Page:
Problems with icynene foam insulation

Written by natasha gilani
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Problems with icynene foam insulation
Icynene foam insulation is susceptible to insects, including moths. (moth image by Wong Siew Tung from

Building insulation improves its energy efficiency and comfort by maintaining an optimal temperature within the structure. Icynene foam is a liquid plastic that is popularly used as a structural insulating material. The foam is injected or sprayed in walls with a low-volume applicator, where it expands within minutes to fill all cavities and voids. Icynene insulates against sound and provides an effective nontoxic air seal. The material, despite its widespread use and advantages, is associated with some problems.

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Icynene foam insulation is easily penetrated by insects, including carpenter ants, moths and termites. Insects damage the structural integrity of foam insulation. The insects reduce the insulation's effectiveness and lower its thermal performance. Moths, including gypsy moths, burrow in the soft sponginess of the material and degrade its dimensional stability. Icynene foam insulation typically requires additional chemical or mechanical treatments to improve its resistance to insects.

Mold and Dust

Icynene foam insulation is susceptible to mould and mildew. Excess water in the chemical make-up of the insulation and moisture in the environment further lowers the resistance of the insulation to mould and rot. Icynene foam insulation tends to accumulate dirt and dust within its air pockets after extended periods, which harbours dust mites and may prove problematic for allergy-prone individuals.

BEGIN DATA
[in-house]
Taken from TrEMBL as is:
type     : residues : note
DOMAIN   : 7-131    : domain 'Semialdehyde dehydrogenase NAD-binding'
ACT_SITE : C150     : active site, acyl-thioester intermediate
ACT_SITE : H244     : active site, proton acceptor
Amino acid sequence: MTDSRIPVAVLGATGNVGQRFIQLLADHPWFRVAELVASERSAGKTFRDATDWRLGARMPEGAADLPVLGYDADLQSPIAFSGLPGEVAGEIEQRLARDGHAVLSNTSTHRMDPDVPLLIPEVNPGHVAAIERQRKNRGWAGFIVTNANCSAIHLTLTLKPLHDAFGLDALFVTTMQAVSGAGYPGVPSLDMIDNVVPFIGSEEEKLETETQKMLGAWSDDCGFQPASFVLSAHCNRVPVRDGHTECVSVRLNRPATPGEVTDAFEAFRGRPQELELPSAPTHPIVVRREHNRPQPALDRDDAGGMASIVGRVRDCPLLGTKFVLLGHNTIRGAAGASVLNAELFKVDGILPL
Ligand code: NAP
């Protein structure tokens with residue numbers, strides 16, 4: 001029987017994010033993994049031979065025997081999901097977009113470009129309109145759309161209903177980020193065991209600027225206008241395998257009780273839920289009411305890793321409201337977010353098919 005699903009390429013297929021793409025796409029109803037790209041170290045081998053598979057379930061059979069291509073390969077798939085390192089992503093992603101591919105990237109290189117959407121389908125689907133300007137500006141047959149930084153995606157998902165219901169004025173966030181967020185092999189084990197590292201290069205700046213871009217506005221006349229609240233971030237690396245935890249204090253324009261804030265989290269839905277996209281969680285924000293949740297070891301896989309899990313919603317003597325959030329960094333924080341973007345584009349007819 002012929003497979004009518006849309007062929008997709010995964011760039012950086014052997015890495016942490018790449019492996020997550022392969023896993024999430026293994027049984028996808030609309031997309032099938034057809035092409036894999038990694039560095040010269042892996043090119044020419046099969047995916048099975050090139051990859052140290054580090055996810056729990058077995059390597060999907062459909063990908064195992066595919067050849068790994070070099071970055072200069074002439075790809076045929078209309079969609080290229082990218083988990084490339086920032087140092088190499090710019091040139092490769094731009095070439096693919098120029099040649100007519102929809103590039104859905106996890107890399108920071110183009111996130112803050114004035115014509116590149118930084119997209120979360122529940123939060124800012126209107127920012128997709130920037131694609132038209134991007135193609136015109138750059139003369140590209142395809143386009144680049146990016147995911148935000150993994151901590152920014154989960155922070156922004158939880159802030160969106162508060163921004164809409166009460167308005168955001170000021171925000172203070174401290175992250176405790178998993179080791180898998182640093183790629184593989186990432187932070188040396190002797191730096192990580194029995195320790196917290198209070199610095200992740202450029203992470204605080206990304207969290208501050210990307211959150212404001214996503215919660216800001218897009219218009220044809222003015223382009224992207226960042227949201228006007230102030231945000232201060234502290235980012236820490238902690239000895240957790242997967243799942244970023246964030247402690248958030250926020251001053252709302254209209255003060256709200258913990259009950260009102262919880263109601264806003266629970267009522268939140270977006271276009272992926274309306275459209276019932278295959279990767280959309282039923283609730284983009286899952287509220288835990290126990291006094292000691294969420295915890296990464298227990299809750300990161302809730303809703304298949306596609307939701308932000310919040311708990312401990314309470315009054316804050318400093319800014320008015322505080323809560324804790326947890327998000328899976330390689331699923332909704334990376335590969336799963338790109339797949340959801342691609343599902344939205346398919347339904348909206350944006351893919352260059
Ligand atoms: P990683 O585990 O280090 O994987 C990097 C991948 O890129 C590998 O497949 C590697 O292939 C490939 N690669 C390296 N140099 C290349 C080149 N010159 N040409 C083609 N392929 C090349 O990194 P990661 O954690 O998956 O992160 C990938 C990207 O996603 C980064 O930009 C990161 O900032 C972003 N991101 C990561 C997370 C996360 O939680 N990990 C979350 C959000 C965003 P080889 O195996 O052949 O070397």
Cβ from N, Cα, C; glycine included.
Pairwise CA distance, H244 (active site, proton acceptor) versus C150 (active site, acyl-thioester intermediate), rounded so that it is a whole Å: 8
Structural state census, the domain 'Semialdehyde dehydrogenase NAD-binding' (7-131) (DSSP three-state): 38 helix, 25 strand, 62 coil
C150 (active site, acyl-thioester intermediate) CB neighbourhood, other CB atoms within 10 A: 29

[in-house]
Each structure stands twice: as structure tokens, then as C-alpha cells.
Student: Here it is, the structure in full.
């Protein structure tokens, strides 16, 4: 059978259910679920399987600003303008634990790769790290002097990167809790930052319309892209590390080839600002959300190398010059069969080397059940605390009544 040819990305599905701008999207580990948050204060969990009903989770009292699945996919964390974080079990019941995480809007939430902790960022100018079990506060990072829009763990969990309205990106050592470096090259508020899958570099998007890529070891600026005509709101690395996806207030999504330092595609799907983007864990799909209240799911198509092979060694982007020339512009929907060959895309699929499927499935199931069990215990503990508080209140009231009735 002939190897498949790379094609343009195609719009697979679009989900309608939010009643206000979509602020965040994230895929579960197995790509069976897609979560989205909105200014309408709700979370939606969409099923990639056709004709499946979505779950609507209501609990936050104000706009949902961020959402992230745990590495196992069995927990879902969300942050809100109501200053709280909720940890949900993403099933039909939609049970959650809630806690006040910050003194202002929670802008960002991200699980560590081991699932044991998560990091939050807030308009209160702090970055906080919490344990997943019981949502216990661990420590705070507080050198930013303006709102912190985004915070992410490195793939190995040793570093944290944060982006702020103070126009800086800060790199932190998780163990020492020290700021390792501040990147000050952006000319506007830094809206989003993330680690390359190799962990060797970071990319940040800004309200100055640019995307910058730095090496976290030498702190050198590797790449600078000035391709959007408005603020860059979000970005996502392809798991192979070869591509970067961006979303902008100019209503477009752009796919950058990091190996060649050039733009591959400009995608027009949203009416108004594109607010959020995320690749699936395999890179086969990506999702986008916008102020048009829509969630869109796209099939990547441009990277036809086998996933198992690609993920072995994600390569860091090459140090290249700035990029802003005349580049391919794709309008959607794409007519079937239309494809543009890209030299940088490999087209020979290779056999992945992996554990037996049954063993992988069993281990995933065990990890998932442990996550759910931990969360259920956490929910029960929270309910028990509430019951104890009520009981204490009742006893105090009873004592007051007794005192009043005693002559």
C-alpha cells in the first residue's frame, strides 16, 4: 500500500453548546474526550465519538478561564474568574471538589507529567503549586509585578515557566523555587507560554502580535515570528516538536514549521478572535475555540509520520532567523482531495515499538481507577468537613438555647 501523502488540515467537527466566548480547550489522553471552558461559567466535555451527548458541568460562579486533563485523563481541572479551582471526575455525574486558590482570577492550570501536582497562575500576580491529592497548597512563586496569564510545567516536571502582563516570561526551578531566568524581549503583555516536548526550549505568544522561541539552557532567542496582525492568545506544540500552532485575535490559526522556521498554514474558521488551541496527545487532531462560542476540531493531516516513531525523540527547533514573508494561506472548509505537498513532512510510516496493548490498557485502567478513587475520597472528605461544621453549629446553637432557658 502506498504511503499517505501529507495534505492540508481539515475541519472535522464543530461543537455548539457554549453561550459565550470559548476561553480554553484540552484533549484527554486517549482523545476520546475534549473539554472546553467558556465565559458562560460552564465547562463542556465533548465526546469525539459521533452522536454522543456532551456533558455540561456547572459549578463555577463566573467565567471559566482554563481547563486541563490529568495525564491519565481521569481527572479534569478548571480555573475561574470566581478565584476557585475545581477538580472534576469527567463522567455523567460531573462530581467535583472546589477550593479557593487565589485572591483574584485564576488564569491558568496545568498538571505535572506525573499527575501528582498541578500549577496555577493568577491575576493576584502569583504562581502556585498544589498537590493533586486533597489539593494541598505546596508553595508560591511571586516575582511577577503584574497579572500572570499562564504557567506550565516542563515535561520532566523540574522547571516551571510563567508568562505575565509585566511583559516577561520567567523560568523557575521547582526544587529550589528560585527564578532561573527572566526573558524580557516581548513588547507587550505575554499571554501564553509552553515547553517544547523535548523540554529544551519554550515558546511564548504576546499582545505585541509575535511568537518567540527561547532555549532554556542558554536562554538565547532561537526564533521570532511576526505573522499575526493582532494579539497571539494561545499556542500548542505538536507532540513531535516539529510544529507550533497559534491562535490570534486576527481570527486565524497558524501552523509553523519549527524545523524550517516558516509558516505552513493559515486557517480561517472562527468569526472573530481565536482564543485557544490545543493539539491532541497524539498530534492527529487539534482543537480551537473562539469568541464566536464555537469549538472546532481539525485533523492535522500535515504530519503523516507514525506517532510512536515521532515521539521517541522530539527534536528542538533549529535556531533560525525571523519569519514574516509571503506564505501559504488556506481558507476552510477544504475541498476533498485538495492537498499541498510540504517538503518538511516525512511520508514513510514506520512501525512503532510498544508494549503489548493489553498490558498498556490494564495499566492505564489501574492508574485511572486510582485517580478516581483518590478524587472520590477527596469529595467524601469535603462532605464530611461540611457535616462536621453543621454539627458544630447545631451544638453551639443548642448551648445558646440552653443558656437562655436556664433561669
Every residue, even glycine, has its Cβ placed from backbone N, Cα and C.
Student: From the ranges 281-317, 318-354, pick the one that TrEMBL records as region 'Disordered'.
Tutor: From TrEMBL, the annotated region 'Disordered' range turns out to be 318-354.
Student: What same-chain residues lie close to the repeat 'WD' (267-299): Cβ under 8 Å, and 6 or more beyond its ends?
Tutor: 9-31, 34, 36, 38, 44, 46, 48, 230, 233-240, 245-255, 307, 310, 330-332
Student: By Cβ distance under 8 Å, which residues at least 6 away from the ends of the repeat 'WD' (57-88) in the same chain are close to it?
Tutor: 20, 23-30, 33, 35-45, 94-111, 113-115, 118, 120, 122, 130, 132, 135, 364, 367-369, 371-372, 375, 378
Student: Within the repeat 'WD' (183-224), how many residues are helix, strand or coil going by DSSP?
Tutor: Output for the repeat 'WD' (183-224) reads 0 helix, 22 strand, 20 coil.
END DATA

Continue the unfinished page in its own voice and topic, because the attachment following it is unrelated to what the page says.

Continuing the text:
Airtight Sealing

Icynene foam insulation provides a nearly airtight sealing. Houses insulated with the material are caulked and may require additional ventilation in the winter months.


Icynene foam insulation is typically more expensive than loose-fill or batt insulation. Buildings fitted with the material may require installation of advanced ventilation systems to ensure that all loose particles are effectively filtered out and a constant flow of fresh air is maintained, which hikes the cost further. According to, as of September 2010, expect to pay between 80p and 90p to insulate a square foot of wall and between £1.0 and £1.20 to insulate a square foot of roof decks with Icynene foam insulation.

Excess Insulation

Icynene foam application is messy and entails a lengthy cleanup process. The material expands after it is applied, often overfilling cavities and crevices. Its great expansion rate warrants that all excess insulation is trimmed off with a sharp knife or hand saw. Although not a considerable problem, trimming laborious when working with large areas or rooms.

No Fire Resistance

According to Richard T. Bynum in the "Insulation Handbook," Icynene foam insulation offers no resistance in the event of a fire. Although the material itself does not contribute fuel to fire, the insulation will burn completely if exposed to burning flames for more than 15 minutes. Cover Icynene foam insulation with an appropriate thermal barrier, such as a gypsum board, to improve fire resistance.

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